Get rid of the “No true Scotsman” fallacy

Has an atheist ever accused you of committing the infamous No true Scotsman fallacy? It usually comes when an atheist cites atrocities performed by some Christian, and then the Christian responds: “No true Christian would be murdering people like that.”

Elucidating the fallacy

Here is a simplified illustration of the alleged fallacy:

McDonald: “No Scotsman would murder someone.”
Antony: “But wait, we know a Scotsman just murdered someone yesterday!”
McDonald: “Well no true Scotsman would murder someone.”

Granted, McDonald is seeming to engage in fallacy, but that is for the following very particular reason: there is nothing in the concept of an individual's being Scottish which stands in tension with the individual's murdering someone.

Now sure, there would be a problem if your dialogue partner was adding in that criterion to “being Scottish” in an ad hoc way, but it is confused to think that a person's adhering to view X cannot ever stand in tension with a particular behavior Y.

For example:

Hamish “No humanist would be a serial killer.”
Flew: “But wait, that one humanist serial killer was caught just yesterday!”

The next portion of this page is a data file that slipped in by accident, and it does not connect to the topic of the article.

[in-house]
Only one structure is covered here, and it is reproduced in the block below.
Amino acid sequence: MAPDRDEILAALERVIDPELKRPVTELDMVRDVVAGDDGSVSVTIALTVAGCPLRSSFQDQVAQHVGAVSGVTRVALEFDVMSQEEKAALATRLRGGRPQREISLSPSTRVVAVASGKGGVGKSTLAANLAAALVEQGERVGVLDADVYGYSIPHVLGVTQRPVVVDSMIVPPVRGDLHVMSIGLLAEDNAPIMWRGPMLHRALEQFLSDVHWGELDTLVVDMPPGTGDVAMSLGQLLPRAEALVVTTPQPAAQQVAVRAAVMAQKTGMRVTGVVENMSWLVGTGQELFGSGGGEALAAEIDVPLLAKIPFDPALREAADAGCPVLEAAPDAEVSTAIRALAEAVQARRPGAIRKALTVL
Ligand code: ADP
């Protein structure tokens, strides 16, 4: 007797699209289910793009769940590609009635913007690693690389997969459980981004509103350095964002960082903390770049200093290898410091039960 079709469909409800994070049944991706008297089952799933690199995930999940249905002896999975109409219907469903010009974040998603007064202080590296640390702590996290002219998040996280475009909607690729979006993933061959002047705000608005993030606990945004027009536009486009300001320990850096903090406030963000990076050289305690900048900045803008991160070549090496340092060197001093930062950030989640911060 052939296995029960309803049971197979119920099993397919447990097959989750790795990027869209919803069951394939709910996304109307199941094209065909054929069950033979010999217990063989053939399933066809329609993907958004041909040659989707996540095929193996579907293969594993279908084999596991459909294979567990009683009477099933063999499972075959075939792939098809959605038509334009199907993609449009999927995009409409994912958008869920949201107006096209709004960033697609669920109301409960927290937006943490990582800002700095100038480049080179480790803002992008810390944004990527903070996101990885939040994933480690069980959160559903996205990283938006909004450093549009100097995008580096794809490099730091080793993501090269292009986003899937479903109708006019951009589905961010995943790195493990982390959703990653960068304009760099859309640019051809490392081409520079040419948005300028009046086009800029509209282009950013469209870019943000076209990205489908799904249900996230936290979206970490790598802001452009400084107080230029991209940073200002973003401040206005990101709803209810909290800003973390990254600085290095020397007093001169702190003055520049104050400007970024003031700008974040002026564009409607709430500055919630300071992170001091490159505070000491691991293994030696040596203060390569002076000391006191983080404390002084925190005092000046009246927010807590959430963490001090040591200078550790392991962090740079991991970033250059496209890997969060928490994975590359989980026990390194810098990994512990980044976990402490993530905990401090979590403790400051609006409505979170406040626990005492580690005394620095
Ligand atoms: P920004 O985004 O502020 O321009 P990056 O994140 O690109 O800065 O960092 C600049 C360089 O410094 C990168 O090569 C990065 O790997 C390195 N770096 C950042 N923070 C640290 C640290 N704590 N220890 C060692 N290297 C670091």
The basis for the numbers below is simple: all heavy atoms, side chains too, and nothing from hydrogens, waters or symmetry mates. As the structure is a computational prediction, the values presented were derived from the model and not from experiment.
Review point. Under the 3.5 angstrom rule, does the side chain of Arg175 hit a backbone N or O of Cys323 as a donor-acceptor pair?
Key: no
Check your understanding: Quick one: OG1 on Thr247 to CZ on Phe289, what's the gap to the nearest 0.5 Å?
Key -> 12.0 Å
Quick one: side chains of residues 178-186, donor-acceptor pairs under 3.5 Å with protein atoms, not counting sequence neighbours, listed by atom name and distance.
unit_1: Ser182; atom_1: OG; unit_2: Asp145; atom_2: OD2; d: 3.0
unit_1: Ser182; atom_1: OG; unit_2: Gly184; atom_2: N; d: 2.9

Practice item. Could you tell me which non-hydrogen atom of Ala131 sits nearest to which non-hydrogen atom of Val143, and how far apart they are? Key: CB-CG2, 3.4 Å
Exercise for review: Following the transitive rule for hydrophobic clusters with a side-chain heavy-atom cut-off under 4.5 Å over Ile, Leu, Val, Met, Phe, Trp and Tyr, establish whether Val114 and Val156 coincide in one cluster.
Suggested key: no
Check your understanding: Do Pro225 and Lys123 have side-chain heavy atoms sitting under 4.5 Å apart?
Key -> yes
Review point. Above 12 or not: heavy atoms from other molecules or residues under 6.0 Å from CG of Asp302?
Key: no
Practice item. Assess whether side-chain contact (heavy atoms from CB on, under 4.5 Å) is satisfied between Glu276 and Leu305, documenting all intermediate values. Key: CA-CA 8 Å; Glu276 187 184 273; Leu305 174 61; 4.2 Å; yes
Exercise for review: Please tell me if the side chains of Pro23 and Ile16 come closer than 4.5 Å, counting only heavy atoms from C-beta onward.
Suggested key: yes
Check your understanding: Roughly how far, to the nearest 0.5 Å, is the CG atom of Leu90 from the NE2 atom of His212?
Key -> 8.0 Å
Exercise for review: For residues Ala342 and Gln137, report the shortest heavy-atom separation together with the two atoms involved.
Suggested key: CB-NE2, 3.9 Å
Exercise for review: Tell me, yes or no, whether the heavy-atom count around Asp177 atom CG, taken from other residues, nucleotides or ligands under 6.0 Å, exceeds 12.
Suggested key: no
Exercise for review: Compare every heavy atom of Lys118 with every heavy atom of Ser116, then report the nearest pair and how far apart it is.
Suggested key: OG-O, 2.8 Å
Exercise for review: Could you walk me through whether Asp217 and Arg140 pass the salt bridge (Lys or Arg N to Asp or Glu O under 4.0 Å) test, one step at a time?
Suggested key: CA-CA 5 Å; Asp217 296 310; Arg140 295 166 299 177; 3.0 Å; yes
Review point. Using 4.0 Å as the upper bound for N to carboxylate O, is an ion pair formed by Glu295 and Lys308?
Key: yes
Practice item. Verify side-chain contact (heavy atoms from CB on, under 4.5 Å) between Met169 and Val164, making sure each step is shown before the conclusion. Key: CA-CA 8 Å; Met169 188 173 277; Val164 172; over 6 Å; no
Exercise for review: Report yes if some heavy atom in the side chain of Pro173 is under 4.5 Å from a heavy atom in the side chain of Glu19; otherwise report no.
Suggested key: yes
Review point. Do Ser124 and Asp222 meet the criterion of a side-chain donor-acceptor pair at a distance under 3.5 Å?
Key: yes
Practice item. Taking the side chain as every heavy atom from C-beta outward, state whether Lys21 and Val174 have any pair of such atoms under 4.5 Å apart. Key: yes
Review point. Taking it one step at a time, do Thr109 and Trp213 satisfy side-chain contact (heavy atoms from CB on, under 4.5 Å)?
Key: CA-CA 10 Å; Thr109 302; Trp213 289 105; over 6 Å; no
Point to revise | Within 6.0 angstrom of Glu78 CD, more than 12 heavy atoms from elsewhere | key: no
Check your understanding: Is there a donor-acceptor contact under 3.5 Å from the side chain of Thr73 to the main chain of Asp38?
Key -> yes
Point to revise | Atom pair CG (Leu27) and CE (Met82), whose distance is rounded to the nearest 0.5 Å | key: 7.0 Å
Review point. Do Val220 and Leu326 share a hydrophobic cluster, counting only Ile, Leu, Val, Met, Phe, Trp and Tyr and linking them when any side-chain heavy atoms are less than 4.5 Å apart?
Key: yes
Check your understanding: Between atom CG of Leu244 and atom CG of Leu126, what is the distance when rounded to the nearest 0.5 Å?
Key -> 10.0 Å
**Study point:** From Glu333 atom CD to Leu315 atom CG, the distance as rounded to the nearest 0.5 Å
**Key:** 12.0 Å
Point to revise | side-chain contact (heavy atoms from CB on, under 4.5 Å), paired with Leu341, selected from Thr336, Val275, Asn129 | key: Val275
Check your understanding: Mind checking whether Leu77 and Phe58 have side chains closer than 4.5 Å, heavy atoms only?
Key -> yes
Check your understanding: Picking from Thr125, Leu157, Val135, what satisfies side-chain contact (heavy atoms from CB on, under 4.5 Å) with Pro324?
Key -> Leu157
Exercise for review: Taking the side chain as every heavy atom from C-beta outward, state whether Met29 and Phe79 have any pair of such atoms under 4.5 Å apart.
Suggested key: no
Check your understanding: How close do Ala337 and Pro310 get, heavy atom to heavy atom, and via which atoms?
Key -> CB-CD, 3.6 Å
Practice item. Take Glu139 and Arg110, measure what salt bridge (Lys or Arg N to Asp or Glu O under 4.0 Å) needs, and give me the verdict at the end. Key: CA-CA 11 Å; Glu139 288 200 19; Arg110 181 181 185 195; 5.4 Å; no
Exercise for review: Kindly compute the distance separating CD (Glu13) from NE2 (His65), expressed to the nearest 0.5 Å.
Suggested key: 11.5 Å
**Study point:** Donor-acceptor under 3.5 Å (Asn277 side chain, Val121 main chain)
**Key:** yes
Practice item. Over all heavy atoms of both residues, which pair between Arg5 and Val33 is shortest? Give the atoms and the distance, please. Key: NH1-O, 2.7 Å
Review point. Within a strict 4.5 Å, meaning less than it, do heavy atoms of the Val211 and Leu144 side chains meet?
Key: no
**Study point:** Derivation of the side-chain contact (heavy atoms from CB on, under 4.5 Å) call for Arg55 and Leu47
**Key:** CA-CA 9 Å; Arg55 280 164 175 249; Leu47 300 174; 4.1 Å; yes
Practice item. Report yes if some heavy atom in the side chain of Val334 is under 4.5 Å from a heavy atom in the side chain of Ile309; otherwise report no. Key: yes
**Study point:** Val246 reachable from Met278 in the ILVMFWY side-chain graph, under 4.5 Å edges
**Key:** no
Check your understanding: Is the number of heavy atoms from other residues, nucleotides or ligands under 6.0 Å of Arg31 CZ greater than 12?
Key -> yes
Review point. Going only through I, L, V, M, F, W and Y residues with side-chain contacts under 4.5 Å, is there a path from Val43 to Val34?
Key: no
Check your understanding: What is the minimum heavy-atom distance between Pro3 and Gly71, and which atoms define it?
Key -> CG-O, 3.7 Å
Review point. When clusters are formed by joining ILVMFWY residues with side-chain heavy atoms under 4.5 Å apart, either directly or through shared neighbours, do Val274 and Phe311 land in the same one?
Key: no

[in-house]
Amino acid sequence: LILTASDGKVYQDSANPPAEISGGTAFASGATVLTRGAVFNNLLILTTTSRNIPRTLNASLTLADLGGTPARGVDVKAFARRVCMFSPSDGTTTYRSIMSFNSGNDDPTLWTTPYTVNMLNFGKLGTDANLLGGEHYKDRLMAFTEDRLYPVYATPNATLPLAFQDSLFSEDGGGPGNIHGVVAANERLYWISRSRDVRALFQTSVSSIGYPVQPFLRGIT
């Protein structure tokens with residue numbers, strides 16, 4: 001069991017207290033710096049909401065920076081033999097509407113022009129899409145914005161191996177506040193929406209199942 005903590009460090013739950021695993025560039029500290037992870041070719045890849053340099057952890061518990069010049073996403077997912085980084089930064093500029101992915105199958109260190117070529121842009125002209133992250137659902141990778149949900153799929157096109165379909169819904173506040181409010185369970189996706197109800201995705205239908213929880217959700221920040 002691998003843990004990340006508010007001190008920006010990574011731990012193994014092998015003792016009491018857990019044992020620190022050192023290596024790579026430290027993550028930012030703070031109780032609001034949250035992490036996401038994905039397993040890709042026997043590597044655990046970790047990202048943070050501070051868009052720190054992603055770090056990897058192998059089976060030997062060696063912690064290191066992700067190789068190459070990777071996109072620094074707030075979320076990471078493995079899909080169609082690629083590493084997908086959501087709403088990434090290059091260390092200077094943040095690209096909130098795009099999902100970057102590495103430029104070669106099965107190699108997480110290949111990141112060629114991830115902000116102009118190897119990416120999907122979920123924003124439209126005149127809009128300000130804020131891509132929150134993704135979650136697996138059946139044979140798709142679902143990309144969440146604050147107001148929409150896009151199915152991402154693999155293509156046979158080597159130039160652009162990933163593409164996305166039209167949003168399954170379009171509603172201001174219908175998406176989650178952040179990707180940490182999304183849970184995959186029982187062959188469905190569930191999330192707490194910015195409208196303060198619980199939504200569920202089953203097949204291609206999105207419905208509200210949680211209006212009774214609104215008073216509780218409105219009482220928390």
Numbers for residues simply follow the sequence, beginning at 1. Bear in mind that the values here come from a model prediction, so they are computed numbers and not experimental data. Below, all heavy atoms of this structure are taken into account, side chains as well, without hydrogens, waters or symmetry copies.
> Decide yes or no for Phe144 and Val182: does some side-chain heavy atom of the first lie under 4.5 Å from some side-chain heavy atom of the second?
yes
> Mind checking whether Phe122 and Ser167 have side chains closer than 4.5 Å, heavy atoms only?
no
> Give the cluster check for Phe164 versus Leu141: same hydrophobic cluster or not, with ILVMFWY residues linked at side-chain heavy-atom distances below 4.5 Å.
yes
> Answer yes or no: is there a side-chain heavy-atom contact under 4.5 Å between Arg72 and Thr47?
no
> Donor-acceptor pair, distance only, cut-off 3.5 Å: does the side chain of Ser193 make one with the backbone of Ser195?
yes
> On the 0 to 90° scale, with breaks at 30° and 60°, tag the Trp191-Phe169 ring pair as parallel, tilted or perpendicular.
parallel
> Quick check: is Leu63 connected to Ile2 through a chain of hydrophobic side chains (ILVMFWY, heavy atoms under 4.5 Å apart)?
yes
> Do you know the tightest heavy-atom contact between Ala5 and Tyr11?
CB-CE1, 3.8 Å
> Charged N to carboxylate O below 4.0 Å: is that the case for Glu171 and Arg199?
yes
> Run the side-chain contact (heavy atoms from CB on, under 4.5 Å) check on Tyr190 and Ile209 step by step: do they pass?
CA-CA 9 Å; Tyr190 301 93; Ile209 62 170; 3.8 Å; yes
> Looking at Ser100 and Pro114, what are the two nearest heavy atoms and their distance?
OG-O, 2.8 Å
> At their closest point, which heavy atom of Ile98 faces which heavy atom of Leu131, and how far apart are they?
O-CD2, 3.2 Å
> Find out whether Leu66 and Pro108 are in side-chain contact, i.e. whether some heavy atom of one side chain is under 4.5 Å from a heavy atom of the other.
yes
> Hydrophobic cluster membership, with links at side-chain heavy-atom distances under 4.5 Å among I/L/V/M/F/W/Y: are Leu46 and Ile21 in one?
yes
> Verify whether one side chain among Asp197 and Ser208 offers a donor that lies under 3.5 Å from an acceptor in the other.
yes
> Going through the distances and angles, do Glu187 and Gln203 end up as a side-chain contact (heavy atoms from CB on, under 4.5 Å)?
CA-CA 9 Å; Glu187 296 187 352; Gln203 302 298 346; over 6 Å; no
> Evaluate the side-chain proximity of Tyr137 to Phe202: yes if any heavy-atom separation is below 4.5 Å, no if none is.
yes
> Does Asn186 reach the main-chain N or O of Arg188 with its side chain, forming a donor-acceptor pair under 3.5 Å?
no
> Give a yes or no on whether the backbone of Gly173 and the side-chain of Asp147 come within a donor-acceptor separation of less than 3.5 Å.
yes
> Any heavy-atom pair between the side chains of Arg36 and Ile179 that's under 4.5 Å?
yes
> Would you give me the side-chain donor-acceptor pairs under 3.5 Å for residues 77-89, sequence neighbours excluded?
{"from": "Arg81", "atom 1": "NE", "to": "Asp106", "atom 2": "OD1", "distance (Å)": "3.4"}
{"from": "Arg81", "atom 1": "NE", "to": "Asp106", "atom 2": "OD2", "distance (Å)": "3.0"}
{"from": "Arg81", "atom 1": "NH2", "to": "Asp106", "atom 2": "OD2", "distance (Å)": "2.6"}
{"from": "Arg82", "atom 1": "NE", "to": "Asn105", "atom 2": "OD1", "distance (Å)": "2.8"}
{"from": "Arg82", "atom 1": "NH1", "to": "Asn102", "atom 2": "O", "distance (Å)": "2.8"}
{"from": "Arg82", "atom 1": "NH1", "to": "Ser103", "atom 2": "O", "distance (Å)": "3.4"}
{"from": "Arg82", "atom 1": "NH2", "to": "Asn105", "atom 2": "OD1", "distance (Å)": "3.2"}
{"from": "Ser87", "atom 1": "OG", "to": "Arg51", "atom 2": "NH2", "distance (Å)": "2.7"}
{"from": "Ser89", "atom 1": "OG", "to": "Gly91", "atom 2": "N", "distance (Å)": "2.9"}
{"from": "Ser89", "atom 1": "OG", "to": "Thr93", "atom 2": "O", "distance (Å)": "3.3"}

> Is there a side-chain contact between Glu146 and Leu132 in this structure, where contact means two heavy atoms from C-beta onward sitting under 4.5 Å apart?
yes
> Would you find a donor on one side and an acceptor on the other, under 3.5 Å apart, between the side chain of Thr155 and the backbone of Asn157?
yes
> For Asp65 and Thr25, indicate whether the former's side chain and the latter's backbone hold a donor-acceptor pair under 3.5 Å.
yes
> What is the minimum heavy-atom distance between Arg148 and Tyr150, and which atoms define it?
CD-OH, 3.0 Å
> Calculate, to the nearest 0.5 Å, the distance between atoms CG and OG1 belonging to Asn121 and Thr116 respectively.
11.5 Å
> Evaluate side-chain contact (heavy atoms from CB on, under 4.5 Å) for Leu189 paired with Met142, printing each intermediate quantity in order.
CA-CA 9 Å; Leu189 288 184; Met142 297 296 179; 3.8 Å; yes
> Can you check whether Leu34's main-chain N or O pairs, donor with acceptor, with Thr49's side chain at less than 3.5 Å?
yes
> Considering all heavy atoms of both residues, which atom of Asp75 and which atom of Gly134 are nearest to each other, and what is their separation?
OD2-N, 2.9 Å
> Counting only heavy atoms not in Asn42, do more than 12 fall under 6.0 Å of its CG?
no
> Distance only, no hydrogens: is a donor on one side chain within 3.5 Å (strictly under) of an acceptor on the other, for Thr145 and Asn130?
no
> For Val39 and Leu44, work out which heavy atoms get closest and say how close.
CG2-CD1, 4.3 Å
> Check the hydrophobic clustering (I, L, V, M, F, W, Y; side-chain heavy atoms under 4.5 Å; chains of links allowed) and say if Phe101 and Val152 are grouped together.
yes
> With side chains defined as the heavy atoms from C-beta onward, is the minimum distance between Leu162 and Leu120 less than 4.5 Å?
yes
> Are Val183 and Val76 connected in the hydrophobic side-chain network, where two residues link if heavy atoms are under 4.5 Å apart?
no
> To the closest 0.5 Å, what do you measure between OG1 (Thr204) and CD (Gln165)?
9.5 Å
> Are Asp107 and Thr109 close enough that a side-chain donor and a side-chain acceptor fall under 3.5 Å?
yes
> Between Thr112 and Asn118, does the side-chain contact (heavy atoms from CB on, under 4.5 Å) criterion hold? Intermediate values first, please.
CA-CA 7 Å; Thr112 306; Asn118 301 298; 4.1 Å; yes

Hamish: “Well no true humanist would be a serial killer.”

Is it so clear that Hamish here is committing a fallacy? I don't think so. It is doubtful that Hamish literally meant that exceptions to his claim were metaphysically impossible. In a casual conversation like this, Hamish surely just means that:

“Engaging in serial killing strongly goes against the principles of humanism, so much so that a person's acting that way is evidence that they do not really share those values, i.e. that they are not really a humanist. The humanist qua humanist is not going to be going around murdering people.”

What the Christian obviously means

You can replace serial killing with your favorite example. Either way, we can now similarly see that when a Christian casually says “No true Christian would be murdering people,” they surely mean something like:

“Murdering people strongly goes against the principles of Christianity, so much so that a person's acting in that way is evidence that they do not really share those values, i.e. that they are not really a Christian. The Christian qua Christian is not going to be going around murdering people.”

What's wrong with thinking this?

Users of this fallacy are often just being uncharitable

I believe the No True Scotsman fallacy, like some other alleged fallacies that get thrown around, is just an excuse for being uncharitable. It does not even deserve a name. If I see an atheist using this on a Christian, I just say “Look Mr. Atheist, you know what she is saying; she is saying that the doing of X goes against the principles and values of being a Y, and the doing of X can at least be evidence that they are not really a Y. You can disagree, but you're just being uncharitable right now.”



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